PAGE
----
My radio monitoring began as the son of a volunteer fireman, but quickly turned to aviation when I bought my first scanner at around 10 years old. My love of airplanes has led to a career in flying. Strange as it may seem I still am interested in listening to the chatter of airplanes as they pass overhead even though I hear ATC all day at work.
As an addition to my ATC voice monitoring, I was interested in getting a virtual radar receiver that can plot aircraft location and/or altitude using Mode-S and ADS-B data. For a year I tried a AirNav RadarBox receiver. I enjoyed its ease of use out of the box and the ability to combine outside FAA data in one program. However, the RadarBox is limited in its ability to pass raw data to 3rd party programs such as Planeplotter.
Last month I traded in my RadarBox for a Kinetic Avionics SBS-3 Virtual Radar Receiver (http://www.kinetic.co.uk/sbs-3.php). In addition to the Mode-S reception, the SBS-3 has a couple of other features that are really great! The box has 2 SDR tuners that have a bandwidth of 8 MHz that can be divided into 6 receivers. Additionally, there is built-in ACARS decoding and for those near the coast a built-in AIS decoder as well.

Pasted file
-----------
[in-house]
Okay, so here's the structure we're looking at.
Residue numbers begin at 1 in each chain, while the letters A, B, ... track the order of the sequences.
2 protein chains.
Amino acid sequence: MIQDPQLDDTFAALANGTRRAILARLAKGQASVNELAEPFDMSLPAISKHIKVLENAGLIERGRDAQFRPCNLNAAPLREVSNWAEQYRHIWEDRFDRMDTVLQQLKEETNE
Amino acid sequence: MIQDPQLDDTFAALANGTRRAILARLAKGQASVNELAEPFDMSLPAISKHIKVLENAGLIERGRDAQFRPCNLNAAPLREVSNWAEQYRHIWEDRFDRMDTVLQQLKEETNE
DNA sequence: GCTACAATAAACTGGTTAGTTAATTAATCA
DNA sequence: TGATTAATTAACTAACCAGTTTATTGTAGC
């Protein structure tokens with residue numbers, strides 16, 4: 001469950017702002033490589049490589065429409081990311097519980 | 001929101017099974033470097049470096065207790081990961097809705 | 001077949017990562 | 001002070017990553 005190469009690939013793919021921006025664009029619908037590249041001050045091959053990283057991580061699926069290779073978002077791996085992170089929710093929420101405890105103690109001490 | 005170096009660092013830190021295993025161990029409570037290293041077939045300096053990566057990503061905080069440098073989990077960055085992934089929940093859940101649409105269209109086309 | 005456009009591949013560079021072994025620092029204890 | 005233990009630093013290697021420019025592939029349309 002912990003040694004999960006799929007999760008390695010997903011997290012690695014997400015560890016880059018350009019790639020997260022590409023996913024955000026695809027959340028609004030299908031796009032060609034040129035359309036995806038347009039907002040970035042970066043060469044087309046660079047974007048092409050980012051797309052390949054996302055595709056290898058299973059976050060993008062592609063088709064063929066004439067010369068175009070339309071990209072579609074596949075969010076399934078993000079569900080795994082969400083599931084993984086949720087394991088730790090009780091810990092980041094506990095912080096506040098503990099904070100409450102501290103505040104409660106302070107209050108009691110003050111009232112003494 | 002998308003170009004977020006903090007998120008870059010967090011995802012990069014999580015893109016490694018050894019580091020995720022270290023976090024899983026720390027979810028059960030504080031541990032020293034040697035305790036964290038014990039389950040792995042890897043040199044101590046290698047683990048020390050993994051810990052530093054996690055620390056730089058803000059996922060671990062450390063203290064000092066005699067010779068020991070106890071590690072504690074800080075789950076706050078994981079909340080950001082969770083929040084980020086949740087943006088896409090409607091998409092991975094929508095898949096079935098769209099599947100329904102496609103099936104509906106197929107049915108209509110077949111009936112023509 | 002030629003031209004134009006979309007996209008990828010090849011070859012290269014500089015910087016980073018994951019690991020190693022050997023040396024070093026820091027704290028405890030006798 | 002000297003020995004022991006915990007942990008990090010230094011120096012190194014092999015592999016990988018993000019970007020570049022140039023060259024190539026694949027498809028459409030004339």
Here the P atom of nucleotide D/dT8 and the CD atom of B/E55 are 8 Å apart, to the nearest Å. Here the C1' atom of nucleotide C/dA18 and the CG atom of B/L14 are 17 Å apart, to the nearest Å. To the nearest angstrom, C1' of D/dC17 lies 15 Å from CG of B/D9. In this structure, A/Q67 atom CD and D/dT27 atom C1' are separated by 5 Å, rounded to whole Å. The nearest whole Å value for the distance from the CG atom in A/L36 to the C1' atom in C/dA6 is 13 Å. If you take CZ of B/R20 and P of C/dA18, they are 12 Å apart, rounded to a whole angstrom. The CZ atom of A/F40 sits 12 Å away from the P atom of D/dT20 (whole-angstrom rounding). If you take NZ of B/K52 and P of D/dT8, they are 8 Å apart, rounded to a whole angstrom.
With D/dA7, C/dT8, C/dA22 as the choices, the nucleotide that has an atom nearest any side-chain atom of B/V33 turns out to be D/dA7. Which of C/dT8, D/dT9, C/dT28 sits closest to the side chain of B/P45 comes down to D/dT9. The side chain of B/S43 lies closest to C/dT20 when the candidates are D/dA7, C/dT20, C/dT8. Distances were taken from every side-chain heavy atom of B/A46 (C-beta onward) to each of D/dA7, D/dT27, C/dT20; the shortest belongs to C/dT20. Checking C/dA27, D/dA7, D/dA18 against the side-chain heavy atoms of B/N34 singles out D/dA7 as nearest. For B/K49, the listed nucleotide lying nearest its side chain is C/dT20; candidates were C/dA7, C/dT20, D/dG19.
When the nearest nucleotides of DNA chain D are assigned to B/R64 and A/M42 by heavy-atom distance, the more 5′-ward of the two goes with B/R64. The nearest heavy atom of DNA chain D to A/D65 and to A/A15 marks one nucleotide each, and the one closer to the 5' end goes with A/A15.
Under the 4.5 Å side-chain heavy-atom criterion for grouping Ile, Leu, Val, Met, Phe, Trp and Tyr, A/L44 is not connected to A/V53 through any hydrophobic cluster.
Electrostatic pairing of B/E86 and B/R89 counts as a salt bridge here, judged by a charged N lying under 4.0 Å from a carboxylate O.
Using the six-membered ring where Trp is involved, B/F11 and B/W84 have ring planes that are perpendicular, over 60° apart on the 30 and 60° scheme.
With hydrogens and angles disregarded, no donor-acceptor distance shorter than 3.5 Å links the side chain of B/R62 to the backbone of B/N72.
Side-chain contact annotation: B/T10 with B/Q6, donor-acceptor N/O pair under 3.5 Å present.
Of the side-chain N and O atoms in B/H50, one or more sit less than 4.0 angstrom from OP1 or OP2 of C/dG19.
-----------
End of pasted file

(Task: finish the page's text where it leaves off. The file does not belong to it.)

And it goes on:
The box can be connected to a PC via USB, or used stand-alone via ethernet. Kinetic provides their Basestation software to interface with the SBS-3. I've found it very robust. The main difference here between the SBS-3 and RadarBox is the lack of online data updates built into Basestation. When an aircraft is received, Basestation displays all the data that it receives, but unlike RadarBox, it doesn't go out on the web and download additional aircraft information.
The good thing is there is add-on software that interfaces with Basestation which will download the aircraft information and populate your database. I use ActiveDisplay (http://www.gatwickaviationsociety.org.uk/AD_home.asp) and decided to purchase a subscription for one year to access the Gatwick Aviation Society aircraft database. There is a lite version which is free.
My next project is to set up Planeplotter and interface the SBS-3 with it. One feature I'm interested in is Multilateration. This gives the ability to approximate the location of non-ADS-B aircraft by using data from other users in the area that can see the aircraft.
Seeing Mode-S and ADS-B data is a fascinating way to enhance aircraft monitoring and add to the awareness of who's flying around.